A friend of mine commented that they did not enjoy the multi-media neon Optum birth canal that one had to traverse to enter the exhibit hall. People were literally bumping into each other as they walked through it because they were so distracted by the lights and videos on the walls and ceiling. It reminded me of that ceiling light show in the United Airlines (different United :)) terminal at O’Hare Airport where they needed to add a recording that reminded people to pay attention to the floor so they didn’t fall off the moving walkway. Hilarious. There should have been a digital bruise management company right inside the exhibit hall door – they would have had a ton of business.
There were also 39 companies in attendance that have names that start with a number. That was kind of a funny trend to notice. Remember when every company in the digital realm started with “e” or “i”? Now they start with numbers and look like something Elon Musk would name one of his zillions of kids.
Much of the hallway talk at the conference was about what was going to happen in the venture capital realm. Or to be more accurate, it was about how worried entrepreneurs were about raising money in the next 18 months and how worried investors are about supporting their existing portfolio companies. Venture funds with lots of new money were, as predicted, talking about how there were going to be able to buy low and sell high, but wanted only to see companies that had proven their value proposition and had a lot of evidence, both clinical and economic. Gotta love how much of the venture world flees from risk-taking when the going gets tough, but it is a natural response if you can get much more developed companies for the price of what you could get 12 months ago for two guys, an iPad and a borrowed desk in an accelerator.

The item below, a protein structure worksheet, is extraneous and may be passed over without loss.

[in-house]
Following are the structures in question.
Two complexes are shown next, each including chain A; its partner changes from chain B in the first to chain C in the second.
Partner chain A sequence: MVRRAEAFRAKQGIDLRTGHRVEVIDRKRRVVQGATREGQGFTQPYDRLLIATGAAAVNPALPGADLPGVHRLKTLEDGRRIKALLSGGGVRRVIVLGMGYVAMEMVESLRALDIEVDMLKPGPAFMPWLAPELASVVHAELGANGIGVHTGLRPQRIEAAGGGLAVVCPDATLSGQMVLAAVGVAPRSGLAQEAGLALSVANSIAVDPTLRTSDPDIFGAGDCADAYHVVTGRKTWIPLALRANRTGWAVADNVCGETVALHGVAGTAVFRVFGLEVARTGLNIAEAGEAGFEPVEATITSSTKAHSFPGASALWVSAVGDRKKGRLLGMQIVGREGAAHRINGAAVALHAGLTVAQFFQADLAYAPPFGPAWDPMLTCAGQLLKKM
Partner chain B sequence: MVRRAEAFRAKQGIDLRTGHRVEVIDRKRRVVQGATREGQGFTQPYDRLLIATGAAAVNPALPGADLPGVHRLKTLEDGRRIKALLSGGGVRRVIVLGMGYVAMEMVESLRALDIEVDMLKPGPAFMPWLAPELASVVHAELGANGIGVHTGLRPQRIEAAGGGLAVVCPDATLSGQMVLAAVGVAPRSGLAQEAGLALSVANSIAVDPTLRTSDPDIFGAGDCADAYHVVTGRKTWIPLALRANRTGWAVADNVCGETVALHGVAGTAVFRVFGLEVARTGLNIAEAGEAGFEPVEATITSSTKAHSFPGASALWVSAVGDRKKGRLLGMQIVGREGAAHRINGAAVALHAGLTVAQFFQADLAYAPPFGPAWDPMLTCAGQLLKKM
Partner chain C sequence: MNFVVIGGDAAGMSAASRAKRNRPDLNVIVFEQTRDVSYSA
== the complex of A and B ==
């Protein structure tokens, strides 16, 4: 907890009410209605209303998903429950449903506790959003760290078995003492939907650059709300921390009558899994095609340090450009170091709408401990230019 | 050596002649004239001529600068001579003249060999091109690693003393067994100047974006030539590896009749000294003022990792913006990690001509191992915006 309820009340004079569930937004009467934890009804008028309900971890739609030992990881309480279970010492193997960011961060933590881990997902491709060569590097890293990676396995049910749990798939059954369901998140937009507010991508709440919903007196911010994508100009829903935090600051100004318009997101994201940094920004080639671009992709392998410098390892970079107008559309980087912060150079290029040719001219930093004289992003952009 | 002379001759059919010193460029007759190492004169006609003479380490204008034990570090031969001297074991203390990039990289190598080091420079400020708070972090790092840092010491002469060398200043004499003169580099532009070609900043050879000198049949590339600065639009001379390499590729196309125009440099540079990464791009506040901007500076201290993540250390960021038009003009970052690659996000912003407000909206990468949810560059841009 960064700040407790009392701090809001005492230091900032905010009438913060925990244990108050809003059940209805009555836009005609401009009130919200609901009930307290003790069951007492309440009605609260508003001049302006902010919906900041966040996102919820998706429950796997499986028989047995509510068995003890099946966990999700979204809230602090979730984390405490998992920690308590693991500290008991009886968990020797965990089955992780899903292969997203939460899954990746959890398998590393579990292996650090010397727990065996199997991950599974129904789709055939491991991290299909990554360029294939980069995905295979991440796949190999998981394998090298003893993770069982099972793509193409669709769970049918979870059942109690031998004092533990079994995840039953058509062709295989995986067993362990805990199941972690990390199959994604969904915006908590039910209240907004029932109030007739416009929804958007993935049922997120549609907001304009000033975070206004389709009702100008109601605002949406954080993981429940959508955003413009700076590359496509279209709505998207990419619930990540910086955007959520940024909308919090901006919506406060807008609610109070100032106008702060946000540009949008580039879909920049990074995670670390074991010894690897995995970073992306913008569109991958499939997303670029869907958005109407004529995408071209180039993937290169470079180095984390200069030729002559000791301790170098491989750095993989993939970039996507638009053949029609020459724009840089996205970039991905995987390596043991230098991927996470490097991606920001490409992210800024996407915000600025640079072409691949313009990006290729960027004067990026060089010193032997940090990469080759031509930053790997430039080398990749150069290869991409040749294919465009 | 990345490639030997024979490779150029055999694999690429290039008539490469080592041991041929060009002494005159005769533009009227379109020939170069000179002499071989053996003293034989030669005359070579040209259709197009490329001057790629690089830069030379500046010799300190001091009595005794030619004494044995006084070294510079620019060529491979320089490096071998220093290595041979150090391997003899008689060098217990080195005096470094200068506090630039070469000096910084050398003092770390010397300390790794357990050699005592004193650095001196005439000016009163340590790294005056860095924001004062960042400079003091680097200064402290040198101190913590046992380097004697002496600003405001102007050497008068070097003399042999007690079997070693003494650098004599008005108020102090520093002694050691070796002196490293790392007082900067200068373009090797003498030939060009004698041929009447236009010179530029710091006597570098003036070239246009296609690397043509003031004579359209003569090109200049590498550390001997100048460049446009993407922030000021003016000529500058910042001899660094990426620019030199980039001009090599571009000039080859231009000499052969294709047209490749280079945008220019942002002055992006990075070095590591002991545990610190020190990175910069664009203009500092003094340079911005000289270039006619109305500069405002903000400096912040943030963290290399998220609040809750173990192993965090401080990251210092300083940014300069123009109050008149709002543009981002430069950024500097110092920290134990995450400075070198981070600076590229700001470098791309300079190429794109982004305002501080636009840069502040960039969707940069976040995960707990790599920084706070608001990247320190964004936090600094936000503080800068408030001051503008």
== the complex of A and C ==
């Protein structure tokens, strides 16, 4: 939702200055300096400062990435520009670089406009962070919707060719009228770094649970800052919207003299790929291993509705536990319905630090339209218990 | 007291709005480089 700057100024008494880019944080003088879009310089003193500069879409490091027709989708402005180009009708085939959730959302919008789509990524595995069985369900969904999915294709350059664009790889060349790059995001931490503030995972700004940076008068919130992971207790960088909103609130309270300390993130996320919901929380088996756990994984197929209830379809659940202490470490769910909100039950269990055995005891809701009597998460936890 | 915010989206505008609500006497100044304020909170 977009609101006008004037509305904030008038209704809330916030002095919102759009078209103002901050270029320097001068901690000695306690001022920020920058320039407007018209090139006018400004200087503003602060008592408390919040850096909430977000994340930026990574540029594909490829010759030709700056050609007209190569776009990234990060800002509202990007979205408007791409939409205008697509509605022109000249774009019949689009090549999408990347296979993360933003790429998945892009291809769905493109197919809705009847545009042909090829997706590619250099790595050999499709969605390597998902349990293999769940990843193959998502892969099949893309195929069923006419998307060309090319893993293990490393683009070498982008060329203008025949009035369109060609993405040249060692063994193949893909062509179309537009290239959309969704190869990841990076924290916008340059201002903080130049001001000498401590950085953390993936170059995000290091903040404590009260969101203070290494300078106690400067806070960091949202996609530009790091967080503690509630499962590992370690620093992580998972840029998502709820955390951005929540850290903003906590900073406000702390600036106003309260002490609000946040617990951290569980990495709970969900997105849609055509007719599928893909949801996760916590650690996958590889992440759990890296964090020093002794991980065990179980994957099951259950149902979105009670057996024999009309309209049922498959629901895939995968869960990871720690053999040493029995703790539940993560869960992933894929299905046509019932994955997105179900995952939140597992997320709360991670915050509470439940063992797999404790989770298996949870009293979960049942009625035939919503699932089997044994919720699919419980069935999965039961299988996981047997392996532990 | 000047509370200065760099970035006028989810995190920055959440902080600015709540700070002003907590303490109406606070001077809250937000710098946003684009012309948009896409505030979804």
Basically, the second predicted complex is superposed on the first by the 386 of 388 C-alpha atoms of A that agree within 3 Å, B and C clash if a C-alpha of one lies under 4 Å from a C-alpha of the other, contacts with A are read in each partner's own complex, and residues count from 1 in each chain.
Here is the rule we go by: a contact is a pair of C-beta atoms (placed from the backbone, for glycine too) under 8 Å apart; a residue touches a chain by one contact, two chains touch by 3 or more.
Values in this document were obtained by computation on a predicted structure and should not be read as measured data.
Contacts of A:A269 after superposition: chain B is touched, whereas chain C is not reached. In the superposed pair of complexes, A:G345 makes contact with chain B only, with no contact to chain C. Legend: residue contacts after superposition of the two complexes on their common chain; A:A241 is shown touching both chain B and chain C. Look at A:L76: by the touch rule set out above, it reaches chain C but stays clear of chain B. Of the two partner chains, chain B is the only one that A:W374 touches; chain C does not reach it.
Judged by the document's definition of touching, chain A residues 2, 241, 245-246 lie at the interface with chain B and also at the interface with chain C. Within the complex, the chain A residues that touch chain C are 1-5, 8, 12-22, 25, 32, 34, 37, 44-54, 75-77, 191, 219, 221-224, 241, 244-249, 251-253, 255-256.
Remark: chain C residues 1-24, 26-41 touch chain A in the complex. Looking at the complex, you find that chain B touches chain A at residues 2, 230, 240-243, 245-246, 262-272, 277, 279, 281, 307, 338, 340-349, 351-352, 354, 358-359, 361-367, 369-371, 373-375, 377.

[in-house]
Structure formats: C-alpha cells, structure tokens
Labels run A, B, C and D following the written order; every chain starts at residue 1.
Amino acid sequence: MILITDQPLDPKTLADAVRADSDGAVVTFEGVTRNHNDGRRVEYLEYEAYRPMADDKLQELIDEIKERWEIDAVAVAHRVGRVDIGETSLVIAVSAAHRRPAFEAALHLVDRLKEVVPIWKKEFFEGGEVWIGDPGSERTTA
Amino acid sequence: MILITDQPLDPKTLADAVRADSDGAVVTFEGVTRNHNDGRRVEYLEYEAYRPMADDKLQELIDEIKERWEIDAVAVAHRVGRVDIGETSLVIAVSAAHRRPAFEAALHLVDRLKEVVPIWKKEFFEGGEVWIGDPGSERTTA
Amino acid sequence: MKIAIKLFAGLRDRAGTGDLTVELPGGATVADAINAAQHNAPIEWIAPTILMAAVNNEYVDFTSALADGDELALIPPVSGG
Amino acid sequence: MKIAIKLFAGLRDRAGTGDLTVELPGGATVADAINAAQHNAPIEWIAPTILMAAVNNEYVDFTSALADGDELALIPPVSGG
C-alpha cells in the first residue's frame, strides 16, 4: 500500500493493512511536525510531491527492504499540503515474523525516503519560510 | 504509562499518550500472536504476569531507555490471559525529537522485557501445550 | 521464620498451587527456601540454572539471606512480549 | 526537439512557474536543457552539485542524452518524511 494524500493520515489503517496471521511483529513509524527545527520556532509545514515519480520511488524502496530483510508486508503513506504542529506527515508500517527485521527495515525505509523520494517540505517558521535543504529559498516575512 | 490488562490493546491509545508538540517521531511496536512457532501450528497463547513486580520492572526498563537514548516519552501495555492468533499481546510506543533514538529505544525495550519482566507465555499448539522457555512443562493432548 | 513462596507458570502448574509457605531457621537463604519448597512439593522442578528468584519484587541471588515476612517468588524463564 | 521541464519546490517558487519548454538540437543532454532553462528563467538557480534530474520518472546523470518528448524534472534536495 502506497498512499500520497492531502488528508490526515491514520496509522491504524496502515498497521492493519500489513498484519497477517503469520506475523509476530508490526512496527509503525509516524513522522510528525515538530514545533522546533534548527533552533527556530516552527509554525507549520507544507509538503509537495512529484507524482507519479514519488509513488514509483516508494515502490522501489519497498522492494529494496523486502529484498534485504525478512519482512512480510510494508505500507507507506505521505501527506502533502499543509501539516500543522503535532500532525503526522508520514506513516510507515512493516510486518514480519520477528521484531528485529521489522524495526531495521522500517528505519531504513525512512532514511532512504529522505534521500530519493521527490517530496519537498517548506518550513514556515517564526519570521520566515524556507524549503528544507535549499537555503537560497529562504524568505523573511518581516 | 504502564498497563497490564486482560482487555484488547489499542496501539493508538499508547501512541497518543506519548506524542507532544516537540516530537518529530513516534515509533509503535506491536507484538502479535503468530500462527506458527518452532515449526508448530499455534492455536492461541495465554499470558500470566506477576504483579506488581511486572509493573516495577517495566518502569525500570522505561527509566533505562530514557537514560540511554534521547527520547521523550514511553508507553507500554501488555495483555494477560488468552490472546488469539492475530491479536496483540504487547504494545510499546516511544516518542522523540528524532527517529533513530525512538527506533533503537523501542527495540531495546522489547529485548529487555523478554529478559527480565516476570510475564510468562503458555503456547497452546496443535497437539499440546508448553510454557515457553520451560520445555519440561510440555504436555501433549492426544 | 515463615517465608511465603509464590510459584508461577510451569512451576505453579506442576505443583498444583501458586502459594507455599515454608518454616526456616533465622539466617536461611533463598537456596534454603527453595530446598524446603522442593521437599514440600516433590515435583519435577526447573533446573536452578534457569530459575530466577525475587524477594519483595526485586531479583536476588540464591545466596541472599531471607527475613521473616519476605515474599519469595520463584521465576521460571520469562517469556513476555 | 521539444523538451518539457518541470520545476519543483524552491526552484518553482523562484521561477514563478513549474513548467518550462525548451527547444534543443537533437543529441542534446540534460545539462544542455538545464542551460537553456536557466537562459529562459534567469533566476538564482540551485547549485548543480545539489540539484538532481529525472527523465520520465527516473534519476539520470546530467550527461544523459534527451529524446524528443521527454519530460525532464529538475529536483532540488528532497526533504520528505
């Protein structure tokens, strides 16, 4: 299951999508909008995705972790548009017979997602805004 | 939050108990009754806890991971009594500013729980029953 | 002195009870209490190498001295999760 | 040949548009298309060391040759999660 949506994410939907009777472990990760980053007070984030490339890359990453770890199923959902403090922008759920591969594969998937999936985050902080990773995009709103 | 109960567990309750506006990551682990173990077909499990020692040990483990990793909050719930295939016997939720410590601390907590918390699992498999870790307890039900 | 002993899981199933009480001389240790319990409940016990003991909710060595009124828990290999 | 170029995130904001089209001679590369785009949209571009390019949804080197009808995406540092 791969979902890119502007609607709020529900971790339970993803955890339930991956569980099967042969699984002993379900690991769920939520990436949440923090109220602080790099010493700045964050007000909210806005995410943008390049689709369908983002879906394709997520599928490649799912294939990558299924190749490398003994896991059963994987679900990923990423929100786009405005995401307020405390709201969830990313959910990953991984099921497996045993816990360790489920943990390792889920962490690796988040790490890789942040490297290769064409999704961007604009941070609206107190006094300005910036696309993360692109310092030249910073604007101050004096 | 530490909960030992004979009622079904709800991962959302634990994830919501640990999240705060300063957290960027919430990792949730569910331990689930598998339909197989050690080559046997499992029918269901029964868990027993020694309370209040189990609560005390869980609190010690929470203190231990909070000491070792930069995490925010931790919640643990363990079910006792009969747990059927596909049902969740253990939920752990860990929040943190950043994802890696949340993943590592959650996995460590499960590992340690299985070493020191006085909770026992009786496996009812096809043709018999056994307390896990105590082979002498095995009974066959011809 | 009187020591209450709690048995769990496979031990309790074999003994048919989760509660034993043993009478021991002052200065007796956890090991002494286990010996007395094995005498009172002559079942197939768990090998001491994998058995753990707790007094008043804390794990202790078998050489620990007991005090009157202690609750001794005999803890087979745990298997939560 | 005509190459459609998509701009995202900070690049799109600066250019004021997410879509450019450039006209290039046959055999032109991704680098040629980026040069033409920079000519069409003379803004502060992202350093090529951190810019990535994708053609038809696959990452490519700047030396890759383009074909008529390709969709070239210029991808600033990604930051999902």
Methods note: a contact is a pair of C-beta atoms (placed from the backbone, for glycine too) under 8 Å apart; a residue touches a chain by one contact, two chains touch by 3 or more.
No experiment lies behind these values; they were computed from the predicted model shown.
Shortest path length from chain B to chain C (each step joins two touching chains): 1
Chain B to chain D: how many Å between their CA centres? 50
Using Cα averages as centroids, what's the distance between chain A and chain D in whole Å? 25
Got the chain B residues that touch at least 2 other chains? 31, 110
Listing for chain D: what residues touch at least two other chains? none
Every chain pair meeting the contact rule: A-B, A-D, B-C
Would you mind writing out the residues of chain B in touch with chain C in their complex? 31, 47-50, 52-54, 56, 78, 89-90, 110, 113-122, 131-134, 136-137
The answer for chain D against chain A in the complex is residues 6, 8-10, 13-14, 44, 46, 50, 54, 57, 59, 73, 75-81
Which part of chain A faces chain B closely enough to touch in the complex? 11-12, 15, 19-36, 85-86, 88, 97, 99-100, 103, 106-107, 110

Companies already flush with cash were strutting around like Kim Kardashian on her own TV show. And good for them, but yikes. I hope these companies remember to save some for a rainy day, as it may be raining for a long time. Don’t spend it all on new branding and a giant salesforce when you haven’t figured out yet WHY people even want what you have to peddle. Health systems at the conference, with rare exception, were talking about how their sales cycle is getting longer, not shorter. So, in other words, if you are a well-funded company right now, you may not close a health system deal until there are whole new set of buzzwords in vogue.
This is definitely the time to hunker down, tighten hiring, restrict spending and to measure what delivers value. If you are an entrepreneur, this applies both to your product and to your purchases.
To end on a positive, I was delighted to see the expansive attention on the CSweetener women’s mentoring platform at HLTH. The HLTH Foundation acquired CSweetener from me several years ago and it is so gratifying to see it not just alive but thriving. Several people mentioned to me that they are still serving as mentors in the program (as am I) and that is pretty awesome. The HLTH team has done a wonderful job with CSweetener.